The strategic importance of efficient Supply Chain Management is today fully recognized by top management. The total investment in inventories is enormous, and the control of capital tied up in raw material, work-in-progress, and finished goods offers an important potential for improvement. At the same time, advances in information technology have drastically changed the possibilities to apply improved inventory control techniques. Furthermore, the recent progress in research has resulted in new and more general methods that can reduce the supply chain costs substantially. Scientific methods for production and inventory control can give a significant competitive advantage. INVENTORY CONTROL deals with a range of different approaches and models that can be used when developing inventory management systems and practices.
The book's primary purpose is to serve as a core textbook in various university courses. In addition, it serves as a source book to industry practitioners to understand inventory control techniques and thereby simplify and promote implementation in practice. The second edition of INVENTORY CONTROL, which has been extended by more than 50 percent, satisfies both these objectives. It covers traditional approaches for forecasting, lot sizing, determination of safety stocks and reorder points, KANBAN policies, and Material Requirements Planning. But it also includes very recent advances in inventory theory, for example, new techniques for multi-echelon inventory systems and Roundy's 98 percent approximation. The book also considers methods for coordinated replenishments of different items, and various practical issues in connection with industrial implementation.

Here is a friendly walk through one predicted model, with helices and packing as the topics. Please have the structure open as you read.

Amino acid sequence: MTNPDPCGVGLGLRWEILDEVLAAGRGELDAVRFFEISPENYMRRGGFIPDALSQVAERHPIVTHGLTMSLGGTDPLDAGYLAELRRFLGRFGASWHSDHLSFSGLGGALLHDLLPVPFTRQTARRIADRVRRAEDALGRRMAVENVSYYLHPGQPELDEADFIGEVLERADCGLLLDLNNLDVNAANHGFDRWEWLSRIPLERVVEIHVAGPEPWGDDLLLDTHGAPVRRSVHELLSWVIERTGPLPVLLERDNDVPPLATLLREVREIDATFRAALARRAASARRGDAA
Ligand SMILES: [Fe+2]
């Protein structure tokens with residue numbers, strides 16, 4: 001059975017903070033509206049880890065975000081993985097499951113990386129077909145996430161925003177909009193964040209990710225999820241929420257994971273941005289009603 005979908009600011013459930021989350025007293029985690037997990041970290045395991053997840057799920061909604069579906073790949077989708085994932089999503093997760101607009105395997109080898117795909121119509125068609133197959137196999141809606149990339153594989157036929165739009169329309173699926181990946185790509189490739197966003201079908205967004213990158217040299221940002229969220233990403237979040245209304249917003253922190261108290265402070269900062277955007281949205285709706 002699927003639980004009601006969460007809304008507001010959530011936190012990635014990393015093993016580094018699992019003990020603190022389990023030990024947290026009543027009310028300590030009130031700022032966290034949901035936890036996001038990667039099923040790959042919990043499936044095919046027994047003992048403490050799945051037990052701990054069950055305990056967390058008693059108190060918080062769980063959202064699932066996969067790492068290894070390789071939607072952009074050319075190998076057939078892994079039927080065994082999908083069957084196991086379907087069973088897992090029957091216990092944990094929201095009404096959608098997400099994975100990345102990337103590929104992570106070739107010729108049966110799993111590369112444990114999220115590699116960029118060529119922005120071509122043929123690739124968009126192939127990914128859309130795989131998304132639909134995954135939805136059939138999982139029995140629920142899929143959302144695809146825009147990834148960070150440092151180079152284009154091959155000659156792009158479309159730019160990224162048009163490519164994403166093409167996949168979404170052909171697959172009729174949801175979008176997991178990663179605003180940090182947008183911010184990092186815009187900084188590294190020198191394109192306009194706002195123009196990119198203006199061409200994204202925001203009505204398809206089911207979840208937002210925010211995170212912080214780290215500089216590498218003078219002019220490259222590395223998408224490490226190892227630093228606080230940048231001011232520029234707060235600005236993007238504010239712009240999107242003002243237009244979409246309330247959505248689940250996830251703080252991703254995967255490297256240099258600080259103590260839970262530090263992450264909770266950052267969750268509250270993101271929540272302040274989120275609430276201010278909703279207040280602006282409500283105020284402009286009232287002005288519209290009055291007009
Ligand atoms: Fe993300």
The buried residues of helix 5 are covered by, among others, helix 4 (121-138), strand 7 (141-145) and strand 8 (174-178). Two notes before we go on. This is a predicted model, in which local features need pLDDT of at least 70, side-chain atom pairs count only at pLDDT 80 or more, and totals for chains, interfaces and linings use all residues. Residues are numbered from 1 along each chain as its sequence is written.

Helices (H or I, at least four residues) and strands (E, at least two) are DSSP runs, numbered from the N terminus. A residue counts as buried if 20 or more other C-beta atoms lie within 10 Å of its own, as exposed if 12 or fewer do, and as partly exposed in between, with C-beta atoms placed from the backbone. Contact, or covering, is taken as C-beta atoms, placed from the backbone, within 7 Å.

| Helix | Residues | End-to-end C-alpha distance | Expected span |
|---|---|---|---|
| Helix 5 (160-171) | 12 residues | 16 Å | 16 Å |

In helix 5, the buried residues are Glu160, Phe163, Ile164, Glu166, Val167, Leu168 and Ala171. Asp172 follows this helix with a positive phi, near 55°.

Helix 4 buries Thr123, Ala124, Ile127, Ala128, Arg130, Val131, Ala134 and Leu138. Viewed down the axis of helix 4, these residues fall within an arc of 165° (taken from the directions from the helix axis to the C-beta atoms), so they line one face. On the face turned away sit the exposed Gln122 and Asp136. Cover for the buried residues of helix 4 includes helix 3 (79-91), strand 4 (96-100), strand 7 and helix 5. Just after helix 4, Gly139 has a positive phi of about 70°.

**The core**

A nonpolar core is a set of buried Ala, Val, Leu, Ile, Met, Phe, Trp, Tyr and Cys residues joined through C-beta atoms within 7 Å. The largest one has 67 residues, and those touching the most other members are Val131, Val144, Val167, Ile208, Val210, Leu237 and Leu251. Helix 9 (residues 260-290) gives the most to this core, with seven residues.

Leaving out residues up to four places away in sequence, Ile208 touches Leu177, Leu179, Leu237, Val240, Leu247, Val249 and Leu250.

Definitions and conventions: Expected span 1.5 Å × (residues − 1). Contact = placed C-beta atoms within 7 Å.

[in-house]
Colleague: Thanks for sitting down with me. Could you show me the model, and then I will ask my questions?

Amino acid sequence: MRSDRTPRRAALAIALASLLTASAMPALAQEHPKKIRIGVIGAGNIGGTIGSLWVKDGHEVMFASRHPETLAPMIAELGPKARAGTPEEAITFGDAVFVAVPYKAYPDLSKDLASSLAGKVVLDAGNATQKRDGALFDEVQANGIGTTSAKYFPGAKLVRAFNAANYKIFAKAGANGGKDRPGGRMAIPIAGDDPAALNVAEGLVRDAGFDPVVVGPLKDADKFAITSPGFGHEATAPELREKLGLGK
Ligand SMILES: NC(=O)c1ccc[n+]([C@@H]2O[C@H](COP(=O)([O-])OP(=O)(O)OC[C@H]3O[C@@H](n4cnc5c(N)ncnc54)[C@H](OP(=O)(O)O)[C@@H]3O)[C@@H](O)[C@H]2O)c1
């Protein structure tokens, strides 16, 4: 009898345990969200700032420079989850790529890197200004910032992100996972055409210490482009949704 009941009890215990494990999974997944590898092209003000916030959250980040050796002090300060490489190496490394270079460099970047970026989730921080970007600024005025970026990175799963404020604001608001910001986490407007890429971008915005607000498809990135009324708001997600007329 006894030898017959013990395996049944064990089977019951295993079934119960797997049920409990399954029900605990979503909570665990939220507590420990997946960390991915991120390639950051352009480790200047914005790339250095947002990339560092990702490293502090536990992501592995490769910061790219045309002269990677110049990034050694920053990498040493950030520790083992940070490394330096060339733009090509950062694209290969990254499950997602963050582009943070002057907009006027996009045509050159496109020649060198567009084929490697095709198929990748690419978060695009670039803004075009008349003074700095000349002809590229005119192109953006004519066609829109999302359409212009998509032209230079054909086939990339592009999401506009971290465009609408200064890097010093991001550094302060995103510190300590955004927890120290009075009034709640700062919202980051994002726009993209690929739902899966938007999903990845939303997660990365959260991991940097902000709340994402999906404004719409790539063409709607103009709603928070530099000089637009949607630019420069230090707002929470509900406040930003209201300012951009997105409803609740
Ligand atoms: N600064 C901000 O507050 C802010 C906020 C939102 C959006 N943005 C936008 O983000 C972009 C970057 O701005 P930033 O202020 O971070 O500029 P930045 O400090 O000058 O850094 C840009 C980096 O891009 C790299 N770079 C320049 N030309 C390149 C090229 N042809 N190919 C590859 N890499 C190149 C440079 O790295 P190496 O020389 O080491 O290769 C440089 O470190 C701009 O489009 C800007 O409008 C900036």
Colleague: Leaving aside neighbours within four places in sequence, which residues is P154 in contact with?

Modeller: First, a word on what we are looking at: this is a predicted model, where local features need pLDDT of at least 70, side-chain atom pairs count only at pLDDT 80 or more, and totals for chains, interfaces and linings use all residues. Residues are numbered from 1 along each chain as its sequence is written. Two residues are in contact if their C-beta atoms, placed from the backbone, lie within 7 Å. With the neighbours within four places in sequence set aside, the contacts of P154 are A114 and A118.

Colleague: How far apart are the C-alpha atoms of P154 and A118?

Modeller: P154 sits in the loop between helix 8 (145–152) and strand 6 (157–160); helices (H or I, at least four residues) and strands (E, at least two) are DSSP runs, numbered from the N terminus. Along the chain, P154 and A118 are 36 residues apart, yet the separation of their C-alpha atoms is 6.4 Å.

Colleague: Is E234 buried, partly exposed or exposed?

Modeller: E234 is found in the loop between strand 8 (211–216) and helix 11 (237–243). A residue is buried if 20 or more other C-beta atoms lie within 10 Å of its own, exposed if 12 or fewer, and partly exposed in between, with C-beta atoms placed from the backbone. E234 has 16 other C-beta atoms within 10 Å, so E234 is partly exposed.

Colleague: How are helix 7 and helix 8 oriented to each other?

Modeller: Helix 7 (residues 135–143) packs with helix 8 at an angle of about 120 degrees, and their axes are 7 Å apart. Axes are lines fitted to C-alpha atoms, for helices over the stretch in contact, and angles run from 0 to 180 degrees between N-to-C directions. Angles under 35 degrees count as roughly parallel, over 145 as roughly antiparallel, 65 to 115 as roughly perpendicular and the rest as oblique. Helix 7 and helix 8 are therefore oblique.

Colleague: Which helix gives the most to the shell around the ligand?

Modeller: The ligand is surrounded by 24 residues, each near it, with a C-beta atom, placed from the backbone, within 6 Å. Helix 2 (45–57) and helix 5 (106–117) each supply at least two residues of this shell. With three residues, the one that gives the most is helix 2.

The second edition of INVENTORY CONTROL incorporates several new topics. The additions include: alternative forecasting techniques, more material on different stochastic demand processes and how they can be fitted to empirical data, generalized treatment of single-echelon periodic review systems, capacity constrained lot sizing, short sections on lateral trans-shipments and on remanufacturing, coordination and contracts. There are eleven chapters compared to six in the previous version. The explanations of different results are more detailed, and a considerable number of exercises have been added.